In 2002, Following the discussions about MZXak, Koji released MZX 2.60 and 2.61, including a subset of akwende's additions. Exophase energetically took over development of MegaZeux with 2.62. Features introduced between 2.62 and 2.70 (the last version of MegaZeux in DOS) include expressions, sprites, strings, the vlayer, MZMs, and SMZX Mode 2.
During Exophase's development of MZX for DOS, BFeely began work on MZX32, intended as a port of MegaZeux for Windows. Several alpha versions were released, most of which lacked the world editor (and all of which lacked the robotic code editor). MZX32 was unstable and buggy, and deemed obsolete once Exophase began work on his SDL port. The last released version of MZX32 supported games created using MZX 2.69c.
See also: SDL
Exophase took most of the summer of 2004 to rewrite MegaZeux using SDL, in order to eliminate DOS-specific limitations, solve MegaZeux's accumulating compatibility issues, and eventually expand MegaZeux onto other platforms. The Robotic editor's source code, long missing, was entirely rewritten. Many other source modules were either completely rewritten or heavily revised. After intense testing, MZX 2.80 was released on August 9, 2004, only intended for 32-bit Windows platforms. A slew of bug reports arising from public testing shortly followed, and Exophase quickly updated with three incremental versions within one month, also adding official support for Linux and Mac OS X. Other MegaZeuxers helped in various capacities; for example, ajs's and mad's GDM conversion code was a basis for SAM conversion code. Later on, ajs would write support to abstract file operations for case sensitive file systems, and additional graphical renderers were designed by LogiCow and Mr_Alert.
Most version upticks since the SDL port have added some functionality (e.g. multi-char editor, code search, ogg support), and all have significantly improved stability. MegaZeux is currently extending to handhelds and consoles: Oncer released a GP2X port, kvance a Nintendo DS port, Mr_Alert a Wii port, and Exophase has done preliminary PSP support.
In early 2007, LogiCow created his own fork of the MZX source. The first version added the Draw command, allowing users to scale characters from the vlayer. It also served as an underlay (as opposed to an overlay). In more recent versions, the draw command was deleted. A select persisted in using the older versions for the draw command, much to the annoyance of those wishing to stay with Exophase's versions.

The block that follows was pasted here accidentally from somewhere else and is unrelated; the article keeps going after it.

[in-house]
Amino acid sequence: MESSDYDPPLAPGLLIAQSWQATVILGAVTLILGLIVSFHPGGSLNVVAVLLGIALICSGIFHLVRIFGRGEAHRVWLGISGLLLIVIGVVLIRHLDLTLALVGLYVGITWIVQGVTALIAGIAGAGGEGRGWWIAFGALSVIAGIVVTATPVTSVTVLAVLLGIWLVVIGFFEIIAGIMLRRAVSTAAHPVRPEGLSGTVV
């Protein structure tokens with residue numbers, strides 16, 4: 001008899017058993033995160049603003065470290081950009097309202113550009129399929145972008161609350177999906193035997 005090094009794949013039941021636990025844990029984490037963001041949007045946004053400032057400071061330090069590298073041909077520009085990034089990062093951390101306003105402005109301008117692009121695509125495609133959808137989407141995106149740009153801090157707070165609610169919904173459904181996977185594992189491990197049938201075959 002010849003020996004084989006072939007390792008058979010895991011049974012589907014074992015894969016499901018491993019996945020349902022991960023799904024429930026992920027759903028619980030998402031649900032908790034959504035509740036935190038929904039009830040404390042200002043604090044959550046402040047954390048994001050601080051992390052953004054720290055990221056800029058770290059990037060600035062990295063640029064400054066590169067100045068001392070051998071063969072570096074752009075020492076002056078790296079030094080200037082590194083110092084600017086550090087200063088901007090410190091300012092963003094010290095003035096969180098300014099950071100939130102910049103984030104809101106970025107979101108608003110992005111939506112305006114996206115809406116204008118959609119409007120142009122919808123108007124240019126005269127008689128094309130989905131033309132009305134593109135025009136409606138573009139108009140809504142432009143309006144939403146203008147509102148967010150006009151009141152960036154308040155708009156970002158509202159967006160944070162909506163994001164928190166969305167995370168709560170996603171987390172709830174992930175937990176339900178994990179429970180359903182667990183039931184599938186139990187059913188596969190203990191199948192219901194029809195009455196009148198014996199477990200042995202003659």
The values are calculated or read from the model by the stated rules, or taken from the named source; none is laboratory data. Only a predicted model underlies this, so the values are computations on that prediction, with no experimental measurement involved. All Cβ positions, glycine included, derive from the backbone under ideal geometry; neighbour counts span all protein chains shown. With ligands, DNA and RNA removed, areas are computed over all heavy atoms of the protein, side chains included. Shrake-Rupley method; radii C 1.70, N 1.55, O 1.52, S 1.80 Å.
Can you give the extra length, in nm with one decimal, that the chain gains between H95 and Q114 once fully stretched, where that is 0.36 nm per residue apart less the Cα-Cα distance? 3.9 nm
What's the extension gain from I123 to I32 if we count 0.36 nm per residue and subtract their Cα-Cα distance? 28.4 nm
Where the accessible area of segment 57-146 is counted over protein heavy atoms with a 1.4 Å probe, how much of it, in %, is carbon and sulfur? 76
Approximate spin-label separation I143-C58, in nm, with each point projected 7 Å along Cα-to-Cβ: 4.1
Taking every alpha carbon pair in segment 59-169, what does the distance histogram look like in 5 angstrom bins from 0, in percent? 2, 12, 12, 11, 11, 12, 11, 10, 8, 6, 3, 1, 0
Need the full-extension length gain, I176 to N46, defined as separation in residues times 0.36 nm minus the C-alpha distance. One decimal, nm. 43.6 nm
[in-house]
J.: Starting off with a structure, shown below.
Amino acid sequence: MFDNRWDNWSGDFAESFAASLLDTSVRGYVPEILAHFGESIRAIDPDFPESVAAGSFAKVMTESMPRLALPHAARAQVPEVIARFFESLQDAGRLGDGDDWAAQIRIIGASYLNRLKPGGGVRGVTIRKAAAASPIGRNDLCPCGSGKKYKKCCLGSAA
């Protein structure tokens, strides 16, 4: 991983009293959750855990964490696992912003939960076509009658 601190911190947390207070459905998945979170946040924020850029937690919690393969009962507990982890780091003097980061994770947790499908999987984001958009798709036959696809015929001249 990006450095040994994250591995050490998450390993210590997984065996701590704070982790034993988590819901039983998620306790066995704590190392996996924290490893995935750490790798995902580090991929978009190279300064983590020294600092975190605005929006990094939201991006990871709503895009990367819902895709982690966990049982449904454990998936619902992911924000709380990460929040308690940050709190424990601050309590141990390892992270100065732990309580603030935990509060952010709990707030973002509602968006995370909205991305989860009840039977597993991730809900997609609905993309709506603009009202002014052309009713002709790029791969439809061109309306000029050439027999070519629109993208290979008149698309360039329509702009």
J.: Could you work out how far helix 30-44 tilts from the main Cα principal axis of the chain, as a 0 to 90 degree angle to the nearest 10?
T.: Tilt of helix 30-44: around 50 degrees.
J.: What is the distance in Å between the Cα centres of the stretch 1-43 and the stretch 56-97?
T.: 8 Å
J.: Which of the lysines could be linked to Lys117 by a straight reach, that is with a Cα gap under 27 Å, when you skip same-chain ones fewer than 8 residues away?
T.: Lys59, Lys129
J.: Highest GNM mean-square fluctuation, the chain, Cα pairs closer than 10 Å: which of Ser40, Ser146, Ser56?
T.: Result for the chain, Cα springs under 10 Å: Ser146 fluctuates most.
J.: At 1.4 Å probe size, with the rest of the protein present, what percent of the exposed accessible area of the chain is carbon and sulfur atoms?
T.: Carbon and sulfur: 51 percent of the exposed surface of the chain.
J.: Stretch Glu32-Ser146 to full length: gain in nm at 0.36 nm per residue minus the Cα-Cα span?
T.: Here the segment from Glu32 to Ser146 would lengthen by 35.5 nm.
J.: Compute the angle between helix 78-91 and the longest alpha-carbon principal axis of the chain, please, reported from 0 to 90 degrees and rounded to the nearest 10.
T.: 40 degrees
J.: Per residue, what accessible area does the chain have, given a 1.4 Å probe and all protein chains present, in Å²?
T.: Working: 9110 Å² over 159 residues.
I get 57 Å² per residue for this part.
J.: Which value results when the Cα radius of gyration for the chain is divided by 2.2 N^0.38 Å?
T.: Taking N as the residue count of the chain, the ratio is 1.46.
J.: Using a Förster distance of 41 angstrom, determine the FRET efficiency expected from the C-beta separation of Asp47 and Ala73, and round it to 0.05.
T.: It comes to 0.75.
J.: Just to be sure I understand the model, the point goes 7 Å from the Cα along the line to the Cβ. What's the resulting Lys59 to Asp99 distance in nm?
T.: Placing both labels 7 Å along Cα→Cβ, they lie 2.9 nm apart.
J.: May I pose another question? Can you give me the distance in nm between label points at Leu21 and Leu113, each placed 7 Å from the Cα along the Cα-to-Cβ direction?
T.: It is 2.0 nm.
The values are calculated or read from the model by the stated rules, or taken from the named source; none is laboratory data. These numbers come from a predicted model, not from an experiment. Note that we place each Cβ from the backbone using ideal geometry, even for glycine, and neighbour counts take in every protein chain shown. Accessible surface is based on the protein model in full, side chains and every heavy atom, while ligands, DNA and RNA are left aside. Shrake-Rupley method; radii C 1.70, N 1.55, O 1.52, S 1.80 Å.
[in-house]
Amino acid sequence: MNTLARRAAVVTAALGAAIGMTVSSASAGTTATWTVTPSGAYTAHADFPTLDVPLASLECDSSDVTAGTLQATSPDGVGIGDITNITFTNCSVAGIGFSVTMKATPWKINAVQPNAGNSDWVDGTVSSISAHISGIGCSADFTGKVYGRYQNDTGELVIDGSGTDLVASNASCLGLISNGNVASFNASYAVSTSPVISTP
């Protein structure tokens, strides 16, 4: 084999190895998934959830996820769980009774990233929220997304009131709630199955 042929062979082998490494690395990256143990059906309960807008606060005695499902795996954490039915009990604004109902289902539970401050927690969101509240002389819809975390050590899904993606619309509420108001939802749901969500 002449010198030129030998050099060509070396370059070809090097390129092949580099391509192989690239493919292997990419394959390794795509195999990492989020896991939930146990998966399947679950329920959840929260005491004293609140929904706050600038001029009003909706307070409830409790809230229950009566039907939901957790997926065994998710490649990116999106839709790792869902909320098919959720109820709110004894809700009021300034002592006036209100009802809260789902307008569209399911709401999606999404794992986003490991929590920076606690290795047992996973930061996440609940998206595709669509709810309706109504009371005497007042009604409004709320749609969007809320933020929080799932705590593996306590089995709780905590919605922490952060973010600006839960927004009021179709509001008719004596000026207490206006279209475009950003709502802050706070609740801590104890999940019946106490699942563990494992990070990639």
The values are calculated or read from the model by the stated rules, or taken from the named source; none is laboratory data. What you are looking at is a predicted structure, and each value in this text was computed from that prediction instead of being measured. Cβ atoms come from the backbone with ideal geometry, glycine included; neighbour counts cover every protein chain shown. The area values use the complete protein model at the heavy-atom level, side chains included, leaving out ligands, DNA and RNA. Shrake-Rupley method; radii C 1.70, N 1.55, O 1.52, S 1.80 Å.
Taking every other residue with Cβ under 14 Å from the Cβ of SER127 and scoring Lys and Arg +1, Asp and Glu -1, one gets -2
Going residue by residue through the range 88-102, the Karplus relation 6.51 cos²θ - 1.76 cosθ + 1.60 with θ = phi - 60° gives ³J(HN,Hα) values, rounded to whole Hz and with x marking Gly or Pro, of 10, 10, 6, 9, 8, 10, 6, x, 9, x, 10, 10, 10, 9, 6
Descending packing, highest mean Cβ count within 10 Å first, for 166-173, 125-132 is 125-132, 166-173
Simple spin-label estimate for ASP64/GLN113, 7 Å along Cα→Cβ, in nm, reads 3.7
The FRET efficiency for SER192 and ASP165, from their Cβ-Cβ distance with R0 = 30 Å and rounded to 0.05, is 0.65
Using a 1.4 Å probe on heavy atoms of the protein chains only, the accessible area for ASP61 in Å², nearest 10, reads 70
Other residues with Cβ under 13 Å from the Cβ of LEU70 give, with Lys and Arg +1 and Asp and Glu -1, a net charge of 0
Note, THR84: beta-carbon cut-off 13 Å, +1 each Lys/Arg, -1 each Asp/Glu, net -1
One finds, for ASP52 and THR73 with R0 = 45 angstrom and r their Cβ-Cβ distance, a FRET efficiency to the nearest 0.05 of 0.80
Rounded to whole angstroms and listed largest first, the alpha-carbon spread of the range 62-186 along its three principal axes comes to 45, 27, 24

A short time after the previous fork, LogiCow created another fork with an alternate renderer that scaled the graphics up to fit the screen, regardless of aspect ratio. This also allowed for seamless resizing of the MZX window when not running in full screen mode. logicow worked with ajs to merge these renderers into the mainline MZX versions, starting with 2.81e.
LogiCow's final fork of MZX (based off of 2.81g) was solely to play Caverns of Zeux with enhanced graphics.
LogiCow was not the only person to fork MZX; NihilistMatt created a fork called SquareMZX. SquareMZX knocked the resolution per-character to 8x8, but allowed a "quadrant" coloring system where each 2x2 section of any character can have its own color pair. This fork got very minor use; PROcrastination and the second RPG Skool Demo both could optionally use SquareMZX mode.
zzo38 is also desperately trying to make people care about his MZX fork. His version focuses on changes and "improvements" that are generally only of interest to him, notably support for Forth, among various other things. He also corrected a long standing, esoteric bug in the handling of built-in spider webs, which has been merged (with changes) into the existing codebase. Despite the fact that zzo38 (and possibly smilymzx, with his fixation on blinking text) is the only person who actually cares about any of these changes, zzo still claims to be working on it and released an initial version of it.